Valuation is the process of determining what an asset is worth. Theories of intrinsic value in finance postulate that an asset's value comes from the asset itself, not from its market value or its book value. Theories of intrinsic value address derivatives such as stock options, equity such as a business's cash flow, as well as real estate. Other intrinsic value theories quantify an asset's value based on the time and resources involved with producing or acquiring it, regardless of other valuations.
A derivative's intrinsic value is based upon its underlying asset. If a derivative -- such as a stock option or futures contract -- is in-the-money, the holder can can exercise it for a profit; if it isn't, the derivative has no intrinsic value. Two types of options exist: call and put; a call option gives its holder the right to buy 100 shares of a particular stock. A put option gives its holder the right to sell 100 shares. A call option's intrinsic value is the current value of its underlying stock minus the option's strike price -- which is the share price at which the holder can use her option. A put option's intrinsic value is the option's strike price less the current value of the stock.
Discounted Cash Flow
Independent of its book value or market value, the intrinsic value of a firm's equity is calculated through a discounted cash flow (DCF) valuation. A DCF valuation computes a firm's annual projected cash flow for a number of years at its current value -- essentially as a quantification of potential performance. Using a firm's weighted average cost of capital (WACC) -- the return a firm must earn on the money it has borrowed -- DCF weights each annual cash flow projection to give it a current theoretical value.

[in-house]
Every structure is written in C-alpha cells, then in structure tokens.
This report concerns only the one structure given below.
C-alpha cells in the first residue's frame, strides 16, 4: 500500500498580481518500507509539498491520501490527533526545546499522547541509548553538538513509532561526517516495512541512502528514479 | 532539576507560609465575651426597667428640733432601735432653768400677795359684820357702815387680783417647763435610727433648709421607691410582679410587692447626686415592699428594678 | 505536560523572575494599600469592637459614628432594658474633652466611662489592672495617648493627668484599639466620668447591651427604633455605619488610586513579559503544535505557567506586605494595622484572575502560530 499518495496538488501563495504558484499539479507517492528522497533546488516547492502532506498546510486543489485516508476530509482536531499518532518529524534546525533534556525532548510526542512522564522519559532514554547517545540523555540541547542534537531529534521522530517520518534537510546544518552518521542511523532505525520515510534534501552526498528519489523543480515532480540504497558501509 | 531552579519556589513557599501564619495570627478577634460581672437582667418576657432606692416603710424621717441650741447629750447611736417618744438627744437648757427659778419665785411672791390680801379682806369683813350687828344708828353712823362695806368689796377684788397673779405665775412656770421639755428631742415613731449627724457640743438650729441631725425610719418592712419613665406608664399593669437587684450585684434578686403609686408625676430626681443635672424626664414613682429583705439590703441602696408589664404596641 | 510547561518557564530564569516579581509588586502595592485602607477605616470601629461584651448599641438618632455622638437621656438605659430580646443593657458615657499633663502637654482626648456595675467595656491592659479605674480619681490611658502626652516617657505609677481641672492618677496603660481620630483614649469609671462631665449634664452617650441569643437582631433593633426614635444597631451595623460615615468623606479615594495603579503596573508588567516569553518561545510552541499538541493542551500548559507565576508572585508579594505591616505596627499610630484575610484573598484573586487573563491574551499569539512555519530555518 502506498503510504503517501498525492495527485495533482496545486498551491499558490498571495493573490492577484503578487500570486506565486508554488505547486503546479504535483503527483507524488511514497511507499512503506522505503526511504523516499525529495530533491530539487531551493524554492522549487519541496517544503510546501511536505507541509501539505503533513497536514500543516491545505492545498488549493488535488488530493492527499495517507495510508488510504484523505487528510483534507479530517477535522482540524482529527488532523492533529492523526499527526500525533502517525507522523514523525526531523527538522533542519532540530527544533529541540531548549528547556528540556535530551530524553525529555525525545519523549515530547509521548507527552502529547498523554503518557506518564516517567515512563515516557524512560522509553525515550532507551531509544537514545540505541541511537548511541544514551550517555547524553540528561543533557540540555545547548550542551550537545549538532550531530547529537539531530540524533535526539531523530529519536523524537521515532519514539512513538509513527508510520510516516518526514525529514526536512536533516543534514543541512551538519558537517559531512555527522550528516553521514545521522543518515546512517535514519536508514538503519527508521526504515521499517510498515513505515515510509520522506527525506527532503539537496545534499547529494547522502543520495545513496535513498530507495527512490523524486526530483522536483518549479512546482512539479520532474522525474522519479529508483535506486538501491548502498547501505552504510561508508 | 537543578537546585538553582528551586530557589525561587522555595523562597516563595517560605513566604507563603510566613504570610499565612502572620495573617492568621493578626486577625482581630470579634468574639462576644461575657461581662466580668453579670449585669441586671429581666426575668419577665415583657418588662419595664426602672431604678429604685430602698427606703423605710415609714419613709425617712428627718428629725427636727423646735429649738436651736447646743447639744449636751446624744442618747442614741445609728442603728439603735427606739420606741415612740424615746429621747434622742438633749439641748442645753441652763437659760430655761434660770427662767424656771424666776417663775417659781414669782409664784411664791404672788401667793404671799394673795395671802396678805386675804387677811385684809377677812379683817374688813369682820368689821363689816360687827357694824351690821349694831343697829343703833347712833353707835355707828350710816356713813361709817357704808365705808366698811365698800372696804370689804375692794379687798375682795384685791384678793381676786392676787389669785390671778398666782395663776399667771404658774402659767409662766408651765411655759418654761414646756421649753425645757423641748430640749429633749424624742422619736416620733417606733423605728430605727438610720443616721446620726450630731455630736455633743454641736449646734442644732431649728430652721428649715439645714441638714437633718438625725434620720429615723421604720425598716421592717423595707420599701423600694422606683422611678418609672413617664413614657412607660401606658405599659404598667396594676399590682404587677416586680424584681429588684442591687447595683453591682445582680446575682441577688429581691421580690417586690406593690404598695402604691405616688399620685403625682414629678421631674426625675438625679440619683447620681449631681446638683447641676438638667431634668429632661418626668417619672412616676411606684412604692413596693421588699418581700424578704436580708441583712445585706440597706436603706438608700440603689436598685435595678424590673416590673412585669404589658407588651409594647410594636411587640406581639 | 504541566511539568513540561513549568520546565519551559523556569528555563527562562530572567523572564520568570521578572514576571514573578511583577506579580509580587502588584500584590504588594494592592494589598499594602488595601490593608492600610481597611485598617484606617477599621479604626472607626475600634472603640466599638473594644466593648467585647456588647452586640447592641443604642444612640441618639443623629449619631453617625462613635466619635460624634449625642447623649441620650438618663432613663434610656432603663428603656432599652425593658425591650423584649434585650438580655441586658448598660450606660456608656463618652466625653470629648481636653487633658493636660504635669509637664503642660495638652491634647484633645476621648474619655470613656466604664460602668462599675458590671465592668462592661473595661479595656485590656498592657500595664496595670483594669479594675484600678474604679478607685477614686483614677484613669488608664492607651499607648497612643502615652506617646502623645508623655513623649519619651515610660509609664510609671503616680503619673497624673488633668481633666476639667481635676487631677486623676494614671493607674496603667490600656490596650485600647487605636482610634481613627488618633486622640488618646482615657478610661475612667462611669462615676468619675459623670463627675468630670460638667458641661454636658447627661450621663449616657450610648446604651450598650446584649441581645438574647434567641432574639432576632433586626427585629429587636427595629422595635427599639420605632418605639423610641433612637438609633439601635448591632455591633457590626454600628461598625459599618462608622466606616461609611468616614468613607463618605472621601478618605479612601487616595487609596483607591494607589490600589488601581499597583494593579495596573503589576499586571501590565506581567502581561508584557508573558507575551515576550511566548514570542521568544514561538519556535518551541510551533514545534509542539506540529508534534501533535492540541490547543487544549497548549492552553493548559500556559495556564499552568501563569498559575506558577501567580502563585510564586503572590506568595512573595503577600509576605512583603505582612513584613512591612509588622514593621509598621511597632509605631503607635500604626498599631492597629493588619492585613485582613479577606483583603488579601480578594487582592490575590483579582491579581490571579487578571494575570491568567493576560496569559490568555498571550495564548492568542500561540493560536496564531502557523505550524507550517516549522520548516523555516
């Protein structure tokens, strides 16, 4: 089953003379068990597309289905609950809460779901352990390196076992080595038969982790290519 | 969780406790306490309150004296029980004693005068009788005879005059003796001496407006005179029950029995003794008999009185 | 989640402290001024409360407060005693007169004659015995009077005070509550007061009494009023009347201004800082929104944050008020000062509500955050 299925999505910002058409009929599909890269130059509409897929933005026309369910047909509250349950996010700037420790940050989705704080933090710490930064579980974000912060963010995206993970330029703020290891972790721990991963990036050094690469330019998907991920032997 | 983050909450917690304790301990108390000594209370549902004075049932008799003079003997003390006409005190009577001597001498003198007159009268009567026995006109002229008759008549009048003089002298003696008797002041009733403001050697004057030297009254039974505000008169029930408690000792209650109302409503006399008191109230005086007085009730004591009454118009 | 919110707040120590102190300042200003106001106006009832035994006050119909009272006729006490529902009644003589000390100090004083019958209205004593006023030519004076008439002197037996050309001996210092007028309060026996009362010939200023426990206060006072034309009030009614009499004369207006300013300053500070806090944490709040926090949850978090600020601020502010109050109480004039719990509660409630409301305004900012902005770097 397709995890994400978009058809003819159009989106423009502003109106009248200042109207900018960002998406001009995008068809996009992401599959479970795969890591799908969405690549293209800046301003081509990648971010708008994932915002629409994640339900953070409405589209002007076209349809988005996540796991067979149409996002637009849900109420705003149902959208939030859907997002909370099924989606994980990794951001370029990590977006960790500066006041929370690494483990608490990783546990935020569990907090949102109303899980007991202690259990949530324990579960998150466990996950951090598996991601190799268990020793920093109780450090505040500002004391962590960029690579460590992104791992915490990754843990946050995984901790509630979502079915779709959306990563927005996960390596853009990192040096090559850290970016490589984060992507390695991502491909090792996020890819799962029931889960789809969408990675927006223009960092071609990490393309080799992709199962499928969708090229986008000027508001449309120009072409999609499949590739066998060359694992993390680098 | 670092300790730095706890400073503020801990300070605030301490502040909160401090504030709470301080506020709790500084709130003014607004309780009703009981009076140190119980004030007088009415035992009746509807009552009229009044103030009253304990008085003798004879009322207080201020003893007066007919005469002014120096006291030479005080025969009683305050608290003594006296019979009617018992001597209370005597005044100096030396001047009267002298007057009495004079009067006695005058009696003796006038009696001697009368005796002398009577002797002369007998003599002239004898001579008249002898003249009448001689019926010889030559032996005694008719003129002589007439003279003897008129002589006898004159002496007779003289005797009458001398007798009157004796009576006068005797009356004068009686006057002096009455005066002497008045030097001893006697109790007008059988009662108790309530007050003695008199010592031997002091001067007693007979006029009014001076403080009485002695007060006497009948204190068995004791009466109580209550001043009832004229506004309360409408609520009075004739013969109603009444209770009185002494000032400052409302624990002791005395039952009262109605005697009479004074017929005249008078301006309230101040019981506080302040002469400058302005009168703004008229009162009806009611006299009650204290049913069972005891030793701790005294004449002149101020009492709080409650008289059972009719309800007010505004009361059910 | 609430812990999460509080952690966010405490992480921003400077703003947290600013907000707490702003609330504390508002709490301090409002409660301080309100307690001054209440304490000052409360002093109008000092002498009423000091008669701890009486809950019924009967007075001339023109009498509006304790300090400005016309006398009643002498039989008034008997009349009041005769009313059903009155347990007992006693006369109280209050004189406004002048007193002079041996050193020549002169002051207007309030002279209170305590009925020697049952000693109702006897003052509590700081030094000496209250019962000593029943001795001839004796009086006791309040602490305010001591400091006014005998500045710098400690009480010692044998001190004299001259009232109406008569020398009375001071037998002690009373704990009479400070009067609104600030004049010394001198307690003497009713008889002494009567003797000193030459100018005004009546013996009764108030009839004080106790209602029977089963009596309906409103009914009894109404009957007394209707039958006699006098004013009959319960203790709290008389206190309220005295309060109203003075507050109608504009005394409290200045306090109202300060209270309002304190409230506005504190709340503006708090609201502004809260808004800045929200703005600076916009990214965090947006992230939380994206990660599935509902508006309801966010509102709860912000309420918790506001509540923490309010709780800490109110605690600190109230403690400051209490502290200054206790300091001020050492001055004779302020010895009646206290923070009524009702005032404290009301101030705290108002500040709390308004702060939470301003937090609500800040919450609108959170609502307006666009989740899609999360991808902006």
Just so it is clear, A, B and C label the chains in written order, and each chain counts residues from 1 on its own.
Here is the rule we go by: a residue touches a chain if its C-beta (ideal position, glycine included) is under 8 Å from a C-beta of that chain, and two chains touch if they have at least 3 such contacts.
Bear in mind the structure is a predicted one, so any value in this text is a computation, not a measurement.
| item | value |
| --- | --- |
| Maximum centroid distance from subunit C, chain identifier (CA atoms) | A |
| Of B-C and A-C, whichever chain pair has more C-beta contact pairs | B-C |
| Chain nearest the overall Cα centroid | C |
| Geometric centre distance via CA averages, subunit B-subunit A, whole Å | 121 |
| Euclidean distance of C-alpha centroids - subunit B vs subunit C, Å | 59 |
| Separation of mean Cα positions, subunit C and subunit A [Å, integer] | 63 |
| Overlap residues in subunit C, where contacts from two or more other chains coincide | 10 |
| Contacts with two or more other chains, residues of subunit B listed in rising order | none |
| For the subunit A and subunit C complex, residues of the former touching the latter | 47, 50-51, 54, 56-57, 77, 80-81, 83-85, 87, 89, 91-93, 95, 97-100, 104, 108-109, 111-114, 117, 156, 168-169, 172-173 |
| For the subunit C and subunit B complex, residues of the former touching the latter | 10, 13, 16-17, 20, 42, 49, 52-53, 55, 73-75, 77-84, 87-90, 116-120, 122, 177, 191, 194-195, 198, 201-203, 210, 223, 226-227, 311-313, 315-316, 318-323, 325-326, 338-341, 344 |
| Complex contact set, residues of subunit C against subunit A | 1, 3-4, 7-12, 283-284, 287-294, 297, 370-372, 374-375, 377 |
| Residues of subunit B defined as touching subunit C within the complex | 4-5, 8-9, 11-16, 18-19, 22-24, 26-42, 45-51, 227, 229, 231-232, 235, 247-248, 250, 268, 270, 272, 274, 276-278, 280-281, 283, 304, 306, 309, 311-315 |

The Gordon Growth Model
The Gordon Growth Model is useful in calculating the intrinsic value of investments, such as a real estate investment trust. The model is a variant of the DCF model and calculates intrinsic value by discounting the investment's dividend payout in perpetuity. The formula divides an investment's annual dividend by the return the investor expects from the investment, then subtracts the expected constant rate of dividend growth, according to Q Finance. The resulting valuation quantifies the current value of future expected dividend payouts.
The Labor Theory of Value
The Labor Theory of Value ascribes intrinsic value to an investment or product based on the time and effort required to produce or acquire it. For example, if a worker used $10 in fuel and resources to produce a hammer worth $50, the intrinsic value of her labor is $40. This value stays constant despite demand for the worker's hammer, the passing of time or any other factors, according to the International Society for Individual Liberty.
- Principal Victory Risk Management Consulting; Derivative Concepts A-Z; Chand Sooran
- Money Chimp: Discounted Cash Flow Calculator
- Finance Scholar: Weighted Average Cost of Capital (WACC) - Capital Structure of Corporations
- Q Finance: Applying the Gordon Growth Model
- The International Society for Individual Liberty; The Labor Theory of Value; Donald C. Ernsberger
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